As the guitarist for Rocket From The Tombs and The Dead Boys, Cheetah Chrome helped write the sonic blueprint for punk rock — and after four decades in the music world, he continues to create his art with an uncompromising and independent attitude. The incendiary axeman, born Gene O’Connor in Cleveland, Ohio, recently released his first studio solo record, a seven song EP that finds him traversing some familiar aural terrain, while exploring some new sounds and different approaches at the same time.
The collection of tunes is made up of tracks recorded at three different recording sessions, two of which were recent efforts, while one actually dates all the way back to 1996.
“When I had first gotten cleaned up and was wanting to get back into playing again, Hilly [Kristal, the late owner of CBGBs] hooked me up to record some songs, and we were just about done when he started insisting that he wanted to put it out on ‘CBGB Records’ — and I was like, ‘Well, there is no CBGB Records!’ So we got into a tiff, and the masters ended up sitting around until after he died — we had settled our differences, the record just didn’t get talked about,” laughs Chrome over the phone from his home in Nashville.
“After Hilly passed away, his daughter called me up and said she found the masters, and asked if I wanted them, and sent them down to me. At the time I was working on a record with Batusis, and our record label decided they were going to go on hiatus, and gave us the masters free and clear.”
With a collection of both new and old material to work with, Chrome sat down with producer Ken Coomer and sorted through the tracks, some of which had multiple versions of the same song, and decided which ones he liked the best, and which ones he didn’t feel so strongly about anymore.
The resulting EP features some guitar sounds that will be instantly recognizable to fans of Chrome and his stint in one of the most infamous punk bands of all time, but also showcases a variety of other musical styles, as well as his prowess for writing strongly personal and emotional songs that should break any stereotypical misconceptions one might have about him. Kicking off with “Sharkey,” an instrumental reminiscent of the early surf guitar sound of the 1960s, the track takes on a more ominous tone with a layer of organ hovering over the guitars, an addition that came almost by accident while in the studio.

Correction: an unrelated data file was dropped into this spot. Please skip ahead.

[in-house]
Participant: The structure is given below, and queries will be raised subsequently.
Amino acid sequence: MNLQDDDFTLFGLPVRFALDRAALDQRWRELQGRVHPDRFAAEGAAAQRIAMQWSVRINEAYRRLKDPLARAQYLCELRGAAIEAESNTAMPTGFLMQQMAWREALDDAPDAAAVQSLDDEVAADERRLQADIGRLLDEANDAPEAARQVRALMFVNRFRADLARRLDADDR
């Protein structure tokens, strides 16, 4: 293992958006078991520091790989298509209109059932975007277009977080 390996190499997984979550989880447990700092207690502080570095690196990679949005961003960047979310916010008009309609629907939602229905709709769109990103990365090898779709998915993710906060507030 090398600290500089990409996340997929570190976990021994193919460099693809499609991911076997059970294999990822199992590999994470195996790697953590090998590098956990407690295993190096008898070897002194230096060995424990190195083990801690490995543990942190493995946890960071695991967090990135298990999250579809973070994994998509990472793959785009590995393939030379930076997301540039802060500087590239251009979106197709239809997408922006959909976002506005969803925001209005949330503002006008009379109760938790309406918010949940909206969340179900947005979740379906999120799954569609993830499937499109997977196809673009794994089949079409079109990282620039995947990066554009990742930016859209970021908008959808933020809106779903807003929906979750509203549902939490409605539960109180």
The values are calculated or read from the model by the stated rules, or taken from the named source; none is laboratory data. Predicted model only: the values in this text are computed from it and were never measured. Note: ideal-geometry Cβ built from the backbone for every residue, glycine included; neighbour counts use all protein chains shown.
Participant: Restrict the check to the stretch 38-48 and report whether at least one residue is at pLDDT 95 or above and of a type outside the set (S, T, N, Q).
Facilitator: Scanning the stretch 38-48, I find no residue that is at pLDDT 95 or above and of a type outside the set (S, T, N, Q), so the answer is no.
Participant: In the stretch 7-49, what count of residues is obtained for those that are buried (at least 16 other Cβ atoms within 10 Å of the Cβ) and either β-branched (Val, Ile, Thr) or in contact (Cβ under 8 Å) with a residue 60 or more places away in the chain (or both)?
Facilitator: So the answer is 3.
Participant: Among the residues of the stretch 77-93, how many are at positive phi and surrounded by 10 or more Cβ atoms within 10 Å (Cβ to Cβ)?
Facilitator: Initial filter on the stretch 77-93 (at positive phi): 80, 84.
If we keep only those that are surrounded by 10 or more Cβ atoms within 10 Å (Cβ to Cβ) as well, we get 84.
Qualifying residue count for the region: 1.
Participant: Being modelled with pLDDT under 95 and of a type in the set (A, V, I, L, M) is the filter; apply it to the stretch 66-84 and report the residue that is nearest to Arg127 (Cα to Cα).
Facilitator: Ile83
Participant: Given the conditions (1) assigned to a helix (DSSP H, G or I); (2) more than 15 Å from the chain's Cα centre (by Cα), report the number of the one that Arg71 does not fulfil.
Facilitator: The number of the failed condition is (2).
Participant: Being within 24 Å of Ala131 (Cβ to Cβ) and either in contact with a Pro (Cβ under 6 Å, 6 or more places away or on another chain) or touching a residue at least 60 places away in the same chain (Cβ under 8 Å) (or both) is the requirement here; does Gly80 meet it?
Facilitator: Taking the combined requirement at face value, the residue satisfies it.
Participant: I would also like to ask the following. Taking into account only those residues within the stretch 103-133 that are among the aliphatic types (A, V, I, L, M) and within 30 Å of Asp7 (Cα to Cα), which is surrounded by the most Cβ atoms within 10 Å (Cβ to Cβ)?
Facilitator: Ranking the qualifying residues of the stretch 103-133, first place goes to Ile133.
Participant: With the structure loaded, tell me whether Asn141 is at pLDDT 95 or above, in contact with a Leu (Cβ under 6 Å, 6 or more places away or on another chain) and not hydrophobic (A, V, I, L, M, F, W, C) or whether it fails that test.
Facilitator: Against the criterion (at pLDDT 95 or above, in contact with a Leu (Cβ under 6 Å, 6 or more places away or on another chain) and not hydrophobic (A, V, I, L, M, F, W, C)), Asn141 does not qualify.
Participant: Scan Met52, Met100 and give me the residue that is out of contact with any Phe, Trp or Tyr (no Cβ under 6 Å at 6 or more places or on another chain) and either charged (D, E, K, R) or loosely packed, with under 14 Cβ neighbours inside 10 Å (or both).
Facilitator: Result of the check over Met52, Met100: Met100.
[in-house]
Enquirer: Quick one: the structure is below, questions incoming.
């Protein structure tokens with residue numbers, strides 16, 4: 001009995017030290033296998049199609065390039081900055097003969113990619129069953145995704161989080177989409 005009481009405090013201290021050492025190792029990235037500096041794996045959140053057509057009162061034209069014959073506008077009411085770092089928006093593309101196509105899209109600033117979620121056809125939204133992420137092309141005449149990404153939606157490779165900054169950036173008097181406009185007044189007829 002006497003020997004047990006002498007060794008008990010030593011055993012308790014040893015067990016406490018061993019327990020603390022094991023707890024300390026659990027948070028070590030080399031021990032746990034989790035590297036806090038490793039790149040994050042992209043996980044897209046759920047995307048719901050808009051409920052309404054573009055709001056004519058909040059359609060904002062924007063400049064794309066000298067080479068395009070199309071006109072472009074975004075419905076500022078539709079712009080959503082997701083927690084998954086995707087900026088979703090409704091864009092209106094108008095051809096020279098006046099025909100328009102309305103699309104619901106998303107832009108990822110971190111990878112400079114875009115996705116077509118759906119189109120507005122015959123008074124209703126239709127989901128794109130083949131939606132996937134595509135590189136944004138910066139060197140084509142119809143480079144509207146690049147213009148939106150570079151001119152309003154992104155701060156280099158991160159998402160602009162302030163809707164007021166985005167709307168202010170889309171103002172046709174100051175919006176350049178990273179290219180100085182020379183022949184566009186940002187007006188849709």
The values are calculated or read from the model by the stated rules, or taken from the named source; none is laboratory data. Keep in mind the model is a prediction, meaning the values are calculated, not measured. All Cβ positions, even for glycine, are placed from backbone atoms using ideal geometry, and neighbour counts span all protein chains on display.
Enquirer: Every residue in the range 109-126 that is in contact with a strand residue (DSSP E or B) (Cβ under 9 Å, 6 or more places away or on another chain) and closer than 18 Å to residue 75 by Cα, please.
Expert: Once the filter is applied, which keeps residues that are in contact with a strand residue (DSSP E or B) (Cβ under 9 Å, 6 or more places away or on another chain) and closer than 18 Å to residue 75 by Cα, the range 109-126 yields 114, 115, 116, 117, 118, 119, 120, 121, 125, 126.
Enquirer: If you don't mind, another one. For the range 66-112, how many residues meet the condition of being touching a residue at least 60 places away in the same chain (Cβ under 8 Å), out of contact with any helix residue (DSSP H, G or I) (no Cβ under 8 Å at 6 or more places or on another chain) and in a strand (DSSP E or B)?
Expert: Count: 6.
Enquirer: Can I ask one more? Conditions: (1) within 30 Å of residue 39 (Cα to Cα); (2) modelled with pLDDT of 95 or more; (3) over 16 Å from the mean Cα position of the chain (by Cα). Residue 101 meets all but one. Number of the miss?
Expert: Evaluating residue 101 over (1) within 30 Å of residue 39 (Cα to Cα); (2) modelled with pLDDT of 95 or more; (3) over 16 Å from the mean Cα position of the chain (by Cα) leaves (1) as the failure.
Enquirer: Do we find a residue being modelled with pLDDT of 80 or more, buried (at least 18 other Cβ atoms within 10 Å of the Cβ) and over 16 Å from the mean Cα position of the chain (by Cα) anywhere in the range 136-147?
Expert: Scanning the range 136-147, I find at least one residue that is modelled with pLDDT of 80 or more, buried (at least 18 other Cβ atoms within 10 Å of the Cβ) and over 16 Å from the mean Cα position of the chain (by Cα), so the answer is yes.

“If you had heard the way that song started out you wouldn’t believe it — it was acoustic. I was messing around with an organ, and started paying those chords, and the next thing you now, it turned into that!”
Apparently, that transition from acoustic to rock is not unusual in Chrome’s world — and although much more of the acoustic sound has remained in some form or another on the solo EP, many of his earlier songs started out life on an acoustic guitar — a fact that might not be so clear to admirers of his searing playing on an electric guitar.
“A lot of the Dead Boys stuff was written on an acoustic guitar — when we first started, I had a Gibson SG that I was using, I was pretty poor, I only had one other guitar, an Epiphone 12 string. One night at rehearsal I was messing around and did something stupid and cracked the neck on the SG,” says Chrome.
“So all I had for a little while was this acoustic 12-string — so Stiv and I wrote a lot of songs on that, ‘Not Anymore,’ a lot of the stuff on the first album was written acoustically.”
On the new record, two of the songs, “Stare Into The Night” and “No Credit” were actually written around the time that the Dead Boys were breaking up — and “East Side Story” and “Rollin’ Voodoo” have been kicking around for a while as well, they had just never been recorded the way that Chrome says he had heard them in his head.
After the record was finished the way he wanted it, the EP was finally released late last year on Plowboy Records out of Nashville, a company that Chrome now works for as creative director and director of A&R; it’s a position that he sees as being able to try to right some of the wrongs that he had to deal with when the Dead Boys were screwed over by record labels in the early days. “We’re probably one of the most artist friendly labels out there right now!”
On the current short run of West Coast tour dates, Chrome says fans can expect to not only hear songs from the new record, but also tunes spanning his entire career.
“We’re going to throw a couple of unexpected ones in there, a couple I haven’t done on previous tours, so it should be fun.”
With The Street Walkin’ Cheetahs, Jack Killed Jill, The Vans
Sat/12, 9pm, $12
1600 17th St, SF